Question: How can we teach the wisdom of connection when the idea of connecting to others seems so repulsive and undesirable in some sectors of society?
Answer: There are indeed certain parts of society who regard the connection between people in a very negative light and who deliberately spoil such relationships in order to delineate the boundaries of each: this is mine, this is yours, and don’t invade my territory.
This happens everywhere today. Everyone tries to be as far apart from others as possible, not to touch anyone and not to be touched by others. People behave in a very politically correct manner: I don’t touch you and you don’t touch me. At the same time, there are many problems in society, illnesses, tension, and stress. All this is felt in the family and in our relationships with our children.
A person wasn’t created by nature to be under constant stress. The fact that continuous stress has become a permanent condition is even worse. This problem is well known and felt among people who live in expensive areas.
It is especially a problem of the middle class. Ordinary people are more open and live differently. This is the reason that they have fewer health problems and don’t need a personal psychologist like people from the upper and middle class.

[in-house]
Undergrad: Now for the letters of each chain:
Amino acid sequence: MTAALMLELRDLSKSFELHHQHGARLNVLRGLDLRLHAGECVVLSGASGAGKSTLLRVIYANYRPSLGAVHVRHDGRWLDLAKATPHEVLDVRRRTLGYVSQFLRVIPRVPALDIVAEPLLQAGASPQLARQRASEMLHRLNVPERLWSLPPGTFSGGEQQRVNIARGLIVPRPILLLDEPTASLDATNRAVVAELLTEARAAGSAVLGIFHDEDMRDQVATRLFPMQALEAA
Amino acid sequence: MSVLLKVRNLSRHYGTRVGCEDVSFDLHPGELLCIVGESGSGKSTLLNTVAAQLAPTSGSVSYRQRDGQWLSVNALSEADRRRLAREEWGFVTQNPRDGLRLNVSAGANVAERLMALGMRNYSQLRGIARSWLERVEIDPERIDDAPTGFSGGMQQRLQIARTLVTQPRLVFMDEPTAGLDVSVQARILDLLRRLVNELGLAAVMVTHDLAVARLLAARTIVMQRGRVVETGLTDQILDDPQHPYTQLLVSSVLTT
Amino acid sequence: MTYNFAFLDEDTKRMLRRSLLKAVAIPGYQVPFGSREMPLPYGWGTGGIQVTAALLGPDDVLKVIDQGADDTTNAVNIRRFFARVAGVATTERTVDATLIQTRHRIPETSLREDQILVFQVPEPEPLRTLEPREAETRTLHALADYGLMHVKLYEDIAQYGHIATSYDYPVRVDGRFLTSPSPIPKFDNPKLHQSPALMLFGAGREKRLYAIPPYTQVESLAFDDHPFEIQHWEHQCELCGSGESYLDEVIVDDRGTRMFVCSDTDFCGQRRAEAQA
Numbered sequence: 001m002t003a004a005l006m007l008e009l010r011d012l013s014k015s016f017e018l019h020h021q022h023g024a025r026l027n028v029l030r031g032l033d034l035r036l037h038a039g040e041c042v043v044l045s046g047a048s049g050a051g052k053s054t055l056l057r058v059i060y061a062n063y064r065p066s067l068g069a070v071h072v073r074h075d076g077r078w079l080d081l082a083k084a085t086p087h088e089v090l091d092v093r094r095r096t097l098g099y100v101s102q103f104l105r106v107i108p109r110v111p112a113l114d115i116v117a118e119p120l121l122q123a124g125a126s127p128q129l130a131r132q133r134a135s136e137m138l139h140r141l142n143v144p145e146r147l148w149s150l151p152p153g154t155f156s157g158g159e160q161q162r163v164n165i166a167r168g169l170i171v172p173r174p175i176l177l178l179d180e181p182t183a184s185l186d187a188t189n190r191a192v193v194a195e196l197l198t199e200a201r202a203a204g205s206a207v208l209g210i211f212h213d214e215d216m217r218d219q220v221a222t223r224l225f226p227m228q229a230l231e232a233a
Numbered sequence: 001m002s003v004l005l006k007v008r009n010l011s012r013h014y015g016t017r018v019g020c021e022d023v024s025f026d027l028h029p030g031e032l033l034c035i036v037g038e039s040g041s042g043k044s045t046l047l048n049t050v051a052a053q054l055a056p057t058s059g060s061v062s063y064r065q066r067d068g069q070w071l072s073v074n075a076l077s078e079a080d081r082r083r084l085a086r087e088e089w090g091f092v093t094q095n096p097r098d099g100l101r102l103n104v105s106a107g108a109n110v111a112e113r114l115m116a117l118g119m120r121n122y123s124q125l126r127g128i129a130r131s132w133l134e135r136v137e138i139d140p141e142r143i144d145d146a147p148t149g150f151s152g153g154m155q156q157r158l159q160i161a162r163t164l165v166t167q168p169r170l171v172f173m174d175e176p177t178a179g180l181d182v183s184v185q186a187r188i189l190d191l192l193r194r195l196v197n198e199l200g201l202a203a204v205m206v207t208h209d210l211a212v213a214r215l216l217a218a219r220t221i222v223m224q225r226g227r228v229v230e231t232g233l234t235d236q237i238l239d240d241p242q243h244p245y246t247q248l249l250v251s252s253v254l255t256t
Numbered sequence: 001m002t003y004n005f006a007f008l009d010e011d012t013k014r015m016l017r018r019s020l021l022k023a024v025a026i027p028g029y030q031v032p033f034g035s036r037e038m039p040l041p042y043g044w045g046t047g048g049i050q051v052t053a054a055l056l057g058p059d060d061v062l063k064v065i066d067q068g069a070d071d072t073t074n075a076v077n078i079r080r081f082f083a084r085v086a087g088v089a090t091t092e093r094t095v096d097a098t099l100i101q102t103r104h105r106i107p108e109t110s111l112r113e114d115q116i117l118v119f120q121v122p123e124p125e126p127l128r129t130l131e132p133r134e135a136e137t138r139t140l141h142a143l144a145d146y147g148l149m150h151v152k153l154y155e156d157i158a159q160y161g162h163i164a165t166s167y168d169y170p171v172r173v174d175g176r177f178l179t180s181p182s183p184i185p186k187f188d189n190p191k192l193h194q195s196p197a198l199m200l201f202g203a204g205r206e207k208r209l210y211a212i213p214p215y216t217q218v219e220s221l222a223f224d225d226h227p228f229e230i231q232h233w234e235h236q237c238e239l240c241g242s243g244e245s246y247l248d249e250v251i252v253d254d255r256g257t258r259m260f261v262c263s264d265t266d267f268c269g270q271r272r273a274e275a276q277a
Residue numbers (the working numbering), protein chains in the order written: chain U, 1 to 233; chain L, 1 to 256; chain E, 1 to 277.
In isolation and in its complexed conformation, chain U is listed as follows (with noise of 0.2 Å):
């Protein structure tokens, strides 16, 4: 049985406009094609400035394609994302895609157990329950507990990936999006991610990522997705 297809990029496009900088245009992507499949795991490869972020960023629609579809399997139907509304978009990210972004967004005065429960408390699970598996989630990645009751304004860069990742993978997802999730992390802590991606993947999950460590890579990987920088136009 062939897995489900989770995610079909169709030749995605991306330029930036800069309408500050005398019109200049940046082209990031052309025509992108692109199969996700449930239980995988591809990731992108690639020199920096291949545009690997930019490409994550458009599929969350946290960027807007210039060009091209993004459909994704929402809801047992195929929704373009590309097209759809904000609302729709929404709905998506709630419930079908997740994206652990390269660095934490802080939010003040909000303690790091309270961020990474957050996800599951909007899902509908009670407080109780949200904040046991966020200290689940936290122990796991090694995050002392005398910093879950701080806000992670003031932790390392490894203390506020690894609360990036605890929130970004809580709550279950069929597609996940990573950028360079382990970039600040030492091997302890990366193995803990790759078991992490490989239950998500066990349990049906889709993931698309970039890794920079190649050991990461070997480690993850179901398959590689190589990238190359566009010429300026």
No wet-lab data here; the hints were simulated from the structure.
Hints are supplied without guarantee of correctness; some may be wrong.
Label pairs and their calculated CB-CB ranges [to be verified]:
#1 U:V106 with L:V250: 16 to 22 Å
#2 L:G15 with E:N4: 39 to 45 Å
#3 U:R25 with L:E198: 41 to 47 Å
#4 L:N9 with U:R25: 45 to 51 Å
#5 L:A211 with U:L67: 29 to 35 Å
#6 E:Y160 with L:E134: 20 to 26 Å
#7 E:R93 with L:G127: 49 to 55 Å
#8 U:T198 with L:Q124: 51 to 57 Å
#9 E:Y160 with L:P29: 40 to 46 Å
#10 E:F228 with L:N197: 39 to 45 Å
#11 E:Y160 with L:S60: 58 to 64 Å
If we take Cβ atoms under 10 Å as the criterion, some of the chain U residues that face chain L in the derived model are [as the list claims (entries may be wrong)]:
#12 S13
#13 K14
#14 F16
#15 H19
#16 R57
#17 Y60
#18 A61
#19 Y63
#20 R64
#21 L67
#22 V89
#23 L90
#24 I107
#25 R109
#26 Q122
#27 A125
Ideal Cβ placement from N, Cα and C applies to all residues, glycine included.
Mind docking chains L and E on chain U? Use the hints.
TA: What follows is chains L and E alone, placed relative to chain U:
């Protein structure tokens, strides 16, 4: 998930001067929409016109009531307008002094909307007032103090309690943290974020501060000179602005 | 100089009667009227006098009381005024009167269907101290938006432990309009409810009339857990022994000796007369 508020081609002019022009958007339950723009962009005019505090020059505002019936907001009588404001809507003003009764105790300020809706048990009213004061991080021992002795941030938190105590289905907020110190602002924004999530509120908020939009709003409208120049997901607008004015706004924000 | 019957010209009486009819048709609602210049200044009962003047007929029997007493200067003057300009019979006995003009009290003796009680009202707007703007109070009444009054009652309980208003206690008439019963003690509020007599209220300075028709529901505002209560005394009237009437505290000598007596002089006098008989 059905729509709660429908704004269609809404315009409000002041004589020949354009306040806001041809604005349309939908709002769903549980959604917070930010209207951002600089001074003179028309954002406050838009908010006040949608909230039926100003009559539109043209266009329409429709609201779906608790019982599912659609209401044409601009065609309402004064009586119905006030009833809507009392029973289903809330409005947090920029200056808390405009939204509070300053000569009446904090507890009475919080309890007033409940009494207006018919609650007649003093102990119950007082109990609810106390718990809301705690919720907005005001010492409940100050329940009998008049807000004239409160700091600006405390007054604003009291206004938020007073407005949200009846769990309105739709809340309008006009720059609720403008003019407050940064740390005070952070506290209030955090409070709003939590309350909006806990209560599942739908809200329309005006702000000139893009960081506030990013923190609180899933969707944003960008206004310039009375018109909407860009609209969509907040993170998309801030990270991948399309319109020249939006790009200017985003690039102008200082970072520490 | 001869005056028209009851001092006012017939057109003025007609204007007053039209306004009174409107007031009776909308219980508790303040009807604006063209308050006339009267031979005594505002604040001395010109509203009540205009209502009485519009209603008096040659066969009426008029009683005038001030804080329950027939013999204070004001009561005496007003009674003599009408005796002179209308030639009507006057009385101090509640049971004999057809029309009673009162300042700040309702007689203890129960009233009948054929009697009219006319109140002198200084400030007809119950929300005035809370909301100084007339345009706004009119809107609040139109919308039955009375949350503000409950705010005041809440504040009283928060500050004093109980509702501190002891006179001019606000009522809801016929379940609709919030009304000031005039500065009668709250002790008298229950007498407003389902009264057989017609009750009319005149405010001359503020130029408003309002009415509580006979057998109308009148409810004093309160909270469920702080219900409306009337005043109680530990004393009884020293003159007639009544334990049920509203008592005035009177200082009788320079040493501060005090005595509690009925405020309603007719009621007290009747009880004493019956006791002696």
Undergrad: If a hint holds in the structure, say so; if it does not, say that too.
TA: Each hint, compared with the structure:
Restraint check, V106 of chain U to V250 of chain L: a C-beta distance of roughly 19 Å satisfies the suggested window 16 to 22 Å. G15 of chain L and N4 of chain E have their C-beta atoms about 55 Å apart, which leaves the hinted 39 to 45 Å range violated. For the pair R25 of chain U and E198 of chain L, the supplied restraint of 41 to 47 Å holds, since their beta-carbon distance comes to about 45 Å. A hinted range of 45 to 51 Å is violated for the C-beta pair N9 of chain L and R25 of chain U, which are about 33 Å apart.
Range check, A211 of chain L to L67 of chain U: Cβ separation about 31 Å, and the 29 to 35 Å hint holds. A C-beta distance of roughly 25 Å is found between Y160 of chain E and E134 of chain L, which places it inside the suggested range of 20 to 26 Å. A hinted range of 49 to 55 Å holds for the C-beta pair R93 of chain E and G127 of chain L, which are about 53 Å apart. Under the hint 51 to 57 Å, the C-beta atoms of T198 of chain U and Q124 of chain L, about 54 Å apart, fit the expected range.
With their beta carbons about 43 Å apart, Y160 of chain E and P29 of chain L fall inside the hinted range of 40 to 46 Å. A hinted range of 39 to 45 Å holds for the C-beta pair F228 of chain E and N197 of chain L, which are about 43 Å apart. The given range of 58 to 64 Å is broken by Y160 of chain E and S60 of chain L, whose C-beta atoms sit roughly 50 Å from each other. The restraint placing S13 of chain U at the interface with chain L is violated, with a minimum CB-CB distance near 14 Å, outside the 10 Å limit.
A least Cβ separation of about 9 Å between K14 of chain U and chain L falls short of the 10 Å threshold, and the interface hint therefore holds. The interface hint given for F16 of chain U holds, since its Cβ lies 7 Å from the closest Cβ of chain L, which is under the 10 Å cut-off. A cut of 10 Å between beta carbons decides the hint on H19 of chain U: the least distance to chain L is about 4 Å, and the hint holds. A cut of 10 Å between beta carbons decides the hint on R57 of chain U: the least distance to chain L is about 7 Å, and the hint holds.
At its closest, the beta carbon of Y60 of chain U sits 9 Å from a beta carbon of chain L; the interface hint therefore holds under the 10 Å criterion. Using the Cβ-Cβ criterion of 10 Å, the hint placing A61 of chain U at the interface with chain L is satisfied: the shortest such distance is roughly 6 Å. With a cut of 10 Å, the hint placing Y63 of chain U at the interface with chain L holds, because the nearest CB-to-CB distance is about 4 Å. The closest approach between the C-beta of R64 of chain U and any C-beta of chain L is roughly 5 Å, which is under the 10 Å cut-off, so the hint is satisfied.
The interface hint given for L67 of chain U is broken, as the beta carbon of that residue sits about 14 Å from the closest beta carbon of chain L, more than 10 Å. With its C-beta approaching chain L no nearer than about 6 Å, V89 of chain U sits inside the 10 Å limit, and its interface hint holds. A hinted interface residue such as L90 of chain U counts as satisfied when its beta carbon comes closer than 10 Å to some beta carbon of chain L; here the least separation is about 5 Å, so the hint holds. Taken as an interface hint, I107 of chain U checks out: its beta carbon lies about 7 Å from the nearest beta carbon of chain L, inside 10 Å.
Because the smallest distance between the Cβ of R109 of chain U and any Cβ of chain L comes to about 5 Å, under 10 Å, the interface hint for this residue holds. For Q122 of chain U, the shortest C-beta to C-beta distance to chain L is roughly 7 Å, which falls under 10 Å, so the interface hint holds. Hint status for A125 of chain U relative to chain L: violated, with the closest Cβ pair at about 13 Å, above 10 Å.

The simpler the people the easier it is for them to connect and therefore they are healthier. But people who are more “well-off” have greater and more serious health problems although they have the means to look after themselves.
Under these conditions the protective force of the body obliges a person to shut himself off from everyone by a mask of good manners and to guard his boundaries. A habit becomes a second nature and it is very difficult to get rid of it. What is more, society supports this and it becomes a norm.
This is a very problematic attitude that leads to many problems on different levels: from the lowest level, which means our health, to our relationships with children and nature, which lead to all the defects of modern society and even to genetic changes.
A person isn’t made to feel lonely and to treat others as strangers. We are naturally made to connect more strongly with our family as we grow and develop, but we don’t do so.
A baby is connected to his mother on the physical level, and as he grows this connection becomes more emotional but external. As we mature from being a baby, a child, a youth, and an adult, we draw further away from our mother.
Apparently we don’t need her care anymore and don’t ask her to take us in her arms, but we have to complement this connection on the emotional level. We don’t do that and this is the reason for practically all our problems. All the problems and illnesses are actually caused by lack of connection.
From the 1st part of the Daily Kabbalah Lesson 5/20/14, Writings of Rabash